Comment by Reena — May 10, 2007 @ 6:18 pm

  8. Lip smacking hot 🙂 i still remember the first time i had Mirchi ka Salan, in peak summer time 😀 Your tips on the yogurt, fan and cool spot are helpful indeed. and may be some mithai too in the end 🙂

    Comment by musical — May 10, 2007 @ 6:57 pm

  9. wow i love this dish! Delicious hard to find mirchi here still!

    Comment by Roopa — May 10, 2007 @ 7:45 pm

  10. that sure is mouth watering
    i use mango too 😉

    Comment by anusharaji — May 10, 2007 @ 8:07 pm

  11. The pan-roasting of the chillies, the peanuts, the sesame and the spices… this dish has me drooling. And the heat from the chillies, I almost forgot! 🙂

    Comment by Cynthia — May 10, 2007 @ 8:28 pm

  12. Hey Indira we planned to make the typical hyderabadi mirchi ka salan with biryani for lunch on sat. Great to see it!

    Comment by Deepika Saripalli — May 10, 2007 @ 8:58 pm

  13. Ok, the dish sounds way too spicy for me even with the vein removed but I love your photos as usual and the first shiny metalic bowl is just gorgeous. Is it Brass? The sauce sounds tempting though and I might make that with another veggie?

    Comment by archana — May 10, 2007 @ 9:08 pm


    Mirch ka salan looks yummy.. yummm yummmm
    this is a good website. do have a look

    Comment by mylapore mami — May 10, 2007 @ 10:23 pm

  15. Indira I had heard so much about the mirch ka salan. I don’t have a stomach for chillies but your true nawabi style presentation tempts. I guess a glass of lassi after the meal will help :).

    Comment by Anjali — May 11, 2007 @ 1:03 am

  16. If people can’t stomach the chillies, then they can use the same ingredients to make baghare baigan which uses small Asian eggplants instead. My mother-in-law also does it with small tomatoes instead.

    Comment by Raihanah — May 11, 2007 @ 4:24 am

  17. Indira, the salan looks like I have to try it out soon, have procrastinated enough. Is there a substitute for sesame seeds or could that be omitted?

    Comment by indosungod — May 11, 2007 @ 5:06 am

  18. What!??!!! You hadn’t posted the Mirchi Ka Salan recipe yet?? You, pucca Andhrite and all and two years of blogging.. tch..tch…Bahut Na-insaafi hai! 😀

    Salan looks good. I like the addition of jaggery. I tried it after you mentioned it on my post and it brings out the peanut-sesame taste in the sauce. Good Eats!

    Comment by Vee — May 11, 2007 @ 6:09 am

  19. Wow That’s just Wow…love that handi

    Comment by sandeepa — May 11, 2007 @ 6:15 am

  20. Oh! I am hooked!!

    Comment by Gini — May 11, 2007 @ 10:44 am

  21. Hello Indira,

    Thanks for bringing back memories of Hyderabad and the fiery Mirchi Ka Salan. I wanted to let you know that I tried your rice noodle recipes (with tofu and pad thai), they were extraordinary. Thanks ‘twice’ again.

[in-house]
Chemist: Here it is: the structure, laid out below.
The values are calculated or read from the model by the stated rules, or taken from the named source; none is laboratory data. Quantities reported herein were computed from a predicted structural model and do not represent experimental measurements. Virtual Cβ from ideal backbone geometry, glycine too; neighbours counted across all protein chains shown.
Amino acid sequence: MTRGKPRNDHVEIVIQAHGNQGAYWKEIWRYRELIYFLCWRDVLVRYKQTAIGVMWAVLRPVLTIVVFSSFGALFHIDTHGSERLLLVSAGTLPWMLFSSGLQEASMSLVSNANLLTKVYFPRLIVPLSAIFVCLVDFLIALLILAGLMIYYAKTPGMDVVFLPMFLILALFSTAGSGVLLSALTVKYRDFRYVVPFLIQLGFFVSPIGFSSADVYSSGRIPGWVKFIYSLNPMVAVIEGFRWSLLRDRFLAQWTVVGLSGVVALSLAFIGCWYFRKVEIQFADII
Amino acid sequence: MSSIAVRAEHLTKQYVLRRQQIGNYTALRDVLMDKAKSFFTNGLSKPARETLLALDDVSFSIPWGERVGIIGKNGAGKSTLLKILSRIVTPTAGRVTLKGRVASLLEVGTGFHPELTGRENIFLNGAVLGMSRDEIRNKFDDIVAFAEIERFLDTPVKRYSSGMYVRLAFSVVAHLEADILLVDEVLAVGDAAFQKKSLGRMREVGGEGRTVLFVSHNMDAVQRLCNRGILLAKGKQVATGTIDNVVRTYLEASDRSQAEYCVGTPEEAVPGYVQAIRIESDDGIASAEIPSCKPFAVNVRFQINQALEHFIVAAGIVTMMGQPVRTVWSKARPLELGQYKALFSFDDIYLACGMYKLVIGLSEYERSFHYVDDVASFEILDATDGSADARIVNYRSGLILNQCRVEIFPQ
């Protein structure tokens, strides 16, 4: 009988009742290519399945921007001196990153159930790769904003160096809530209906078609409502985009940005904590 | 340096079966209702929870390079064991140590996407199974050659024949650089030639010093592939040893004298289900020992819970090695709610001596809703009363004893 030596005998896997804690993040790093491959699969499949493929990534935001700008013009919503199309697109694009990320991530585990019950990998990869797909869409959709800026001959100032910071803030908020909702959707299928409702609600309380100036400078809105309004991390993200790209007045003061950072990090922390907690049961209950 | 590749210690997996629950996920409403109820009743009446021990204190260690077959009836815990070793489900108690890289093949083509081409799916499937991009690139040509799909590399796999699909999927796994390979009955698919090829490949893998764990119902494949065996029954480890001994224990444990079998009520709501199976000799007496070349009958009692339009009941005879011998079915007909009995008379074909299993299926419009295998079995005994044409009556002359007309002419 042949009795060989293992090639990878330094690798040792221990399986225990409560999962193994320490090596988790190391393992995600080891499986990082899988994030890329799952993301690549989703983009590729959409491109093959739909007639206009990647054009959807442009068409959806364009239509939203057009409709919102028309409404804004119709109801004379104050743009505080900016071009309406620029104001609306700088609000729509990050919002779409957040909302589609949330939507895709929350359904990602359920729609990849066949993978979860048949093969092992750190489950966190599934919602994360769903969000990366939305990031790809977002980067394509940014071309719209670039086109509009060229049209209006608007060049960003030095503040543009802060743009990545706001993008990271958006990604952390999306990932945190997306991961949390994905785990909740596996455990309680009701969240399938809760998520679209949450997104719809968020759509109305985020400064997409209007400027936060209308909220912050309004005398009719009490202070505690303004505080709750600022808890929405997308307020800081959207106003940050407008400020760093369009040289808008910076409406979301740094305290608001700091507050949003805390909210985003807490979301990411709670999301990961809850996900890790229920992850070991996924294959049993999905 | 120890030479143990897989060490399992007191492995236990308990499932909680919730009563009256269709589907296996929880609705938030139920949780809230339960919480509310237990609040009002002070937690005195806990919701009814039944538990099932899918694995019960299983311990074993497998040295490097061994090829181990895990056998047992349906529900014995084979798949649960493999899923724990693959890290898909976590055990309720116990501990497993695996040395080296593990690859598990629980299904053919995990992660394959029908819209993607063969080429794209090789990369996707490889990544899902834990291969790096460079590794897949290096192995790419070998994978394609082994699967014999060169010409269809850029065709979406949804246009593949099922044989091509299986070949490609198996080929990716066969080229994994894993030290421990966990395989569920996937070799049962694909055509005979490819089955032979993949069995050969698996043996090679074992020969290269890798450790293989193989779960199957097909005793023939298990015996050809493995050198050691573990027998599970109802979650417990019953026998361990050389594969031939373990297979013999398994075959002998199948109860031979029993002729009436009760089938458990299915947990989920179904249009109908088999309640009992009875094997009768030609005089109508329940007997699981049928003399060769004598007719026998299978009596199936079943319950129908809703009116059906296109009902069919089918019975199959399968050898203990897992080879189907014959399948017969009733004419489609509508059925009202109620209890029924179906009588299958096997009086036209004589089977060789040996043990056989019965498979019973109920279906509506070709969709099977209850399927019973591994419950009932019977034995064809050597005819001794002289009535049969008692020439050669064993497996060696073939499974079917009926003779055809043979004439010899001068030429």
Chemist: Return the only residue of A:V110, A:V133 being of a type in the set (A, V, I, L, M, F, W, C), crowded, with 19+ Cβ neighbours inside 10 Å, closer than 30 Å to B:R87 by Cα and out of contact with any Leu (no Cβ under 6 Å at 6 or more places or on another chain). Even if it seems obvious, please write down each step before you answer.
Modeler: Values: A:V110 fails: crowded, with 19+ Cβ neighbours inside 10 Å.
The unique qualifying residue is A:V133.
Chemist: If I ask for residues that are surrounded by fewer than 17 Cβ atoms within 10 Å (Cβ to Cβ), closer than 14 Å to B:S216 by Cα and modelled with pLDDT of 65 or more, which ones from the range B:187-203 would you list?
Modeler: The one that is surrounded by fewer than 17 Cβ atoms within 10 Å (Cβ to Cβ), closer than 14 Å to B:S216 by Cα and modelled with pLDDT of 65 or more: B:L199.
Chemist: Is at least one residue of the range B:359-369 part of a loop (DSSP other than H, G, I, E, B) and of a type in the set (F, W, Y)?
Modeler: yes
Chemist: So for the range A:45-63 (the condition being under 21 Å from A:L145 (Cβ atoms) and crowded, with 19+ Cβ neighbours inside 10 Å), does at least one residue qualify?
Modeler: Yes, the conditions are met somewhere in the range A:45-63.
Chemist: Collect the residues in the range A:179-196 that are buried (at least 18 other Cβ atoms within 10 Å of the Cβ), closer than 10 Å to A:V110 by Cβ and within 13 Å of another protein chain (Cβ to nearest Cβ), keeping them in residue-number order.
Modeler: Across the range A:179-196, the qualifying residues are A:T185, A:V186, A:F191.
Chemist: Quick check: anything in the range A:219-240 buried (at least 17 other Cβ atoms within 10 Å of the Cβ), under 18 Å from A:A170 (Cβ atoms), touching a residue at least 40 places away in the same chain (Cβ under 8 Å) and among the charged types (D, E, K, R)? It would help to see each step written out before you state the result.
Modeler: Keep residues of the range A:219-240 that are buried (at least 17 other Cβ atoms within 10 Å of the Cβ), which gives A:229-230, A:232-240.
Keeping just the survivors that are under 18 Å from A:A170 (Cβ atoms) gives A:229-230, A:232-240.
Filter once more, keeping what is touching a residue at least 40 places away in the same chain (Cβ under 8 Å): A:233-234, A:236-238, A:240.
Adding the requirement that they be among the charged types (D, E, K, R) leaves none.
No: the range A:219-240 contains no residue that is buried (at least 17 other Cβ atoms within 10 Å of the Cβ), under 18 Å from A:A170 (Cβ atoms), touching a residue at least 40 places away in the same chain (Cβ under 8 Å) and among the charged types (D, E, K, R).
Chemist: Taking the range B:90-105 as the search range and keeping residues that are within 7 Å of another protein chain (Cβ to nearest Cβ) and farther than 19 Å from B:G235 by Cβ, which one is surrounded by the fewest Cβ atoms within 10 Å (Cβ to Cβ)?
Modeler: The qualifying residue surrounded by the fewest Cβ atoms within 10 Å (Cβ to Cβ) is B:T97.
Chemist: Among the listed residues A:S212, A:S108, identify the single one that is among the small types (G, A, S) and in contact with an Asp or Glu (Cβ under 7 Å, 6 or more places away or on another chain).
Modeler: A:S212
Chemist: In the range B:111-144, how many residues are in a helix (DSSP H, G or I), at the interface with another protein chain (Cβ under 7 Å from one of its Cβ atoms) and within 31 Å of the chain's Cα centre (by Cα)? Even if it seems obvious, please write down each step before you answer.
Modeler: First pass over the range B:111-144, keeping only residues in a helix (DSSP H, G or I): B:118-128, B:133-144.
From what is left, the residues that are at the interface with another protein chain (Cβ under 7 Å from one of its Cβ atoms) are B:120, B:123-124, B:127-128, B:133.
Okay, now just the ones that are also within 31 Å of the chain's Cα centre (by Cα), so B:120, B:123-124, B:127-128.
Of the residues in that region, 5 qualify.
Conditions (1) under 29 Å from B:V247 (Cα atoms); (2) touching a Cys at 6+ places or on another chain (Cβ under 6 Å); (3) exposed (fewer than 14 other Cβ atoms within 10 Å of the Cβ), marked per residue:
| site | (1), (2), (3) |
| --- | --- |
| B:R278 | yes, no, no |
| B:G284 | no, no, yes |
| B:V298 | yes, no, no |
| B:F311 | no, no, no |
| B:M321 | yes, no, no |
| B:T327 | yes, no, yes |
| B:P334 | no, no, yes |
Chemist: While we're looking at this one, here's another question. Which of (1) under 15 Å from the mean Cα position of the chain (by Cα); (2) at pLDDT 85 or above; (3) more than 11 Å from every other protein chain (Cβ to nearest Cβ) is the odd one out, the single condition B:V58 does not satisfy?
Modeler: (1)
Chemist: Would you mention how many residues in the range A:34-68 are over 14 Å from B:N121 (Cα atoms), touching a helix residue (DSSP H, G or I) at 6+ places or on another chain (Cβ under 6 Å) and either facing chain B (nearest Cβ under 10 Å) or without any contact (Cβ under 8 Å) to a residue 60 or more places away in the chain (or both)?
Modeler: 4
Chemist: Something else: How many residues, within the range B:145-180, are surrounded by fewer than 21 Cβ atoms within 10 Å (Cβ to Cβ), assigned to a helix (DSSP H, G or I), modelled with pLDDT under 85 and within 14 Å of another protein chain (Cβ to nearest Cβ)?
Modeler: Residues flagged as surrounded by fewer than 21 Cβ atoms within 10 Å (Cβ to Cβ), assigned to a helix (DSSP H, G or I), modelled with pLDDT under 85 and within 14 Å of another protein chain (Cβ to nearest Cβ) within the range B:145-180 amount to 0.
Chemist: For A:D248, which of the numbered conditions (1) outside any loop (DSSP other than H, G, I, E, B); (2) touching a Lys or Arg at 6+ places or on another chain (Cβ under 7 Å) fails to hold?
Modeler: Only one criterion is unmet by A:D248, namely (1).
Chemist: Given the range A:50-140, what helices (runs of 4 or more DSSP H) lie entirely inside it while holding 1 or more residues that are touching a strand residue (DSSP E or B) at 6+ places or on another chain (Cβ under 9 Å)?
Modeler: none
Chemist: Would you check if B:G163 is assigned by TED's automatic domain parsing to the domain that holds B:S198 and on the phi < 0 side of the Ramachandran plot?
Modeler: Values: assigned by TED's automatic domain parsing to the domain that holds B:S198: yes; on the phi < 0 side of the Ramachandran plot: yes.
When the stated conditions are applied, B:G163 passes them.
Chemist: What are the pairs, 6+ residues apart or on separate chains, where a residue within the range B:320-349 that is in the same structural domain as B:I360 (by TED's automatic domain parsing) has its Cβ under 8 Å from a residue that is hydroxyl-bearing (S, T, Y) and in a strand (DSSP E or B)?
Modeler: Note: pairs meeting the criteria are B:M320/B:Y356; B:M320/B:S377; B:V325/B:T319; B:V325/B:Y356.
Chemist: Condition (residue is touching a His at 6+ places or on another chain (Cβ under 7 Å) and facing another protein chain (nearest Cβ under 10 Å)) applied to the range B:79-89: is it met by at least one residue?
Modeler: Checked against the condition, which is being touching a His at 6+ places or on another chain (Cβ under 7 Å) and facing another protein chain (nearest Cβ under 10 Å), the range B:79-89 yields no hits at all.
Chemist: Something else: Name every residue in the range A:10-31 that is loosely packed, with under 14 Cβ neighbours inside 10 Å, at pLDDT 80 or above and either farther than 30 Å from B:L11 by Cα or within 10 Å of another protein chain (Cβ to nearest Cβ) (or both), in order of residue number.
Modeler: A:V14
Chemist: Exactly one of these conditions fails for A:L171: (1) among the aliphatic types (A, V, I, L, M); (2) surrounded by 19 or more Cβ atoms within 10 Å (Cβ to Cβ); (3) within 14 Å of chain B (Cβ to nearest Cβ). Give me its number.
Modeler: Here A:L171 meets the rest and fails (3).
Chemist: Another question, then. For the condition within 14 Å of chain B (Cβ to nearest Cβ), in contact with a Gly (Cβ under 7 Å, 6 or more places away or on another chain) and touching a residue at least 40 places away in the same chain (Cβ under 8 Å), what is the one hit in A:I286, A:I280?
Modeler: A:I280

Comment by Sapna — May 11, 2007 @ 1:28 pm

  22. hi this is a grt recipe…i do the same with egg plant…

    Comment by shanti — May 11, 2007 @ 1:51 pm

  23. Hey just occurred to me Say Salaaaaaaaaaaaam to Salan like the way Vidya balan says in Salaaaaaaaaaam Namaste !!! that would be sooo apt….

    Comment by Revathi — May 11, 2007 @ 4:35 pm

  24. oops Not vidhya balan Preity Zinta 🙂

    Comment by Revathi — May 11, 2007 @ 4:35 pm

  25. Evil J: I know you are going to like it.:)
    I wish I had a beautiful garden like yours.

    Hi AA: Hatch chillies look similar to what we get in Andhra. The size and the thickness. Unfortunately, I haven’t seen that variety here in Seattle.
    How are you doing? Did you finish school? Hope you are doing great.

    Hi Reena. Yep, me too. I rarely prepare this curry.

    Hi Roopa: No mirchis, sorry to hear that.

    Anusha: Mango? how do you use it in this recipe? Is it amchoor instead of tamarind?

    Cynthia: Very enticing recipe, I know.:) Perfect to cool off during hot summer months.:)

    Deepika: With biryani? Yum!:) I look forward to reading your post on weekend then. Happy cooking and eating!

    Archana: Thanks. yes, it is a small brass vessel.
    You can replace chillies with green bell peppers and small round brinjals. (You can find other versions in category section.) Vee of PPand Me food blog prepared chicken ka salan. All good.

    Hi Mylapore Mammy, nice blog you have there. Great recipes.

    Anjali: glass of cold lassi definitely helps.:)

    Raihanah: That is a great tip, brinjal and tomato versions are definitely milder compared to chilli version.

    Hi ISG: Another version is peanuts, sesame and dried coconut. You can omit sesame but sesame adds little bit of depth to the sauce.

    Vee: Vijay had the same reaction. 🙂 I don’t why I haven’t blogged about it until now. Too busy salivating and sweating, I guess. 🙂
    Glad you liked that jaggery tip.

    Sandeepa and Gini: out of words.:) Have a great weekend.

    Sapna: Happy to hear that you liked those two recipes. Thanks for letting me know. So which method you followed to cook rice noodles?

    Revathi: that’s funny.:)

    Comment by Indira — May 11, 2007 @ 8:03 pm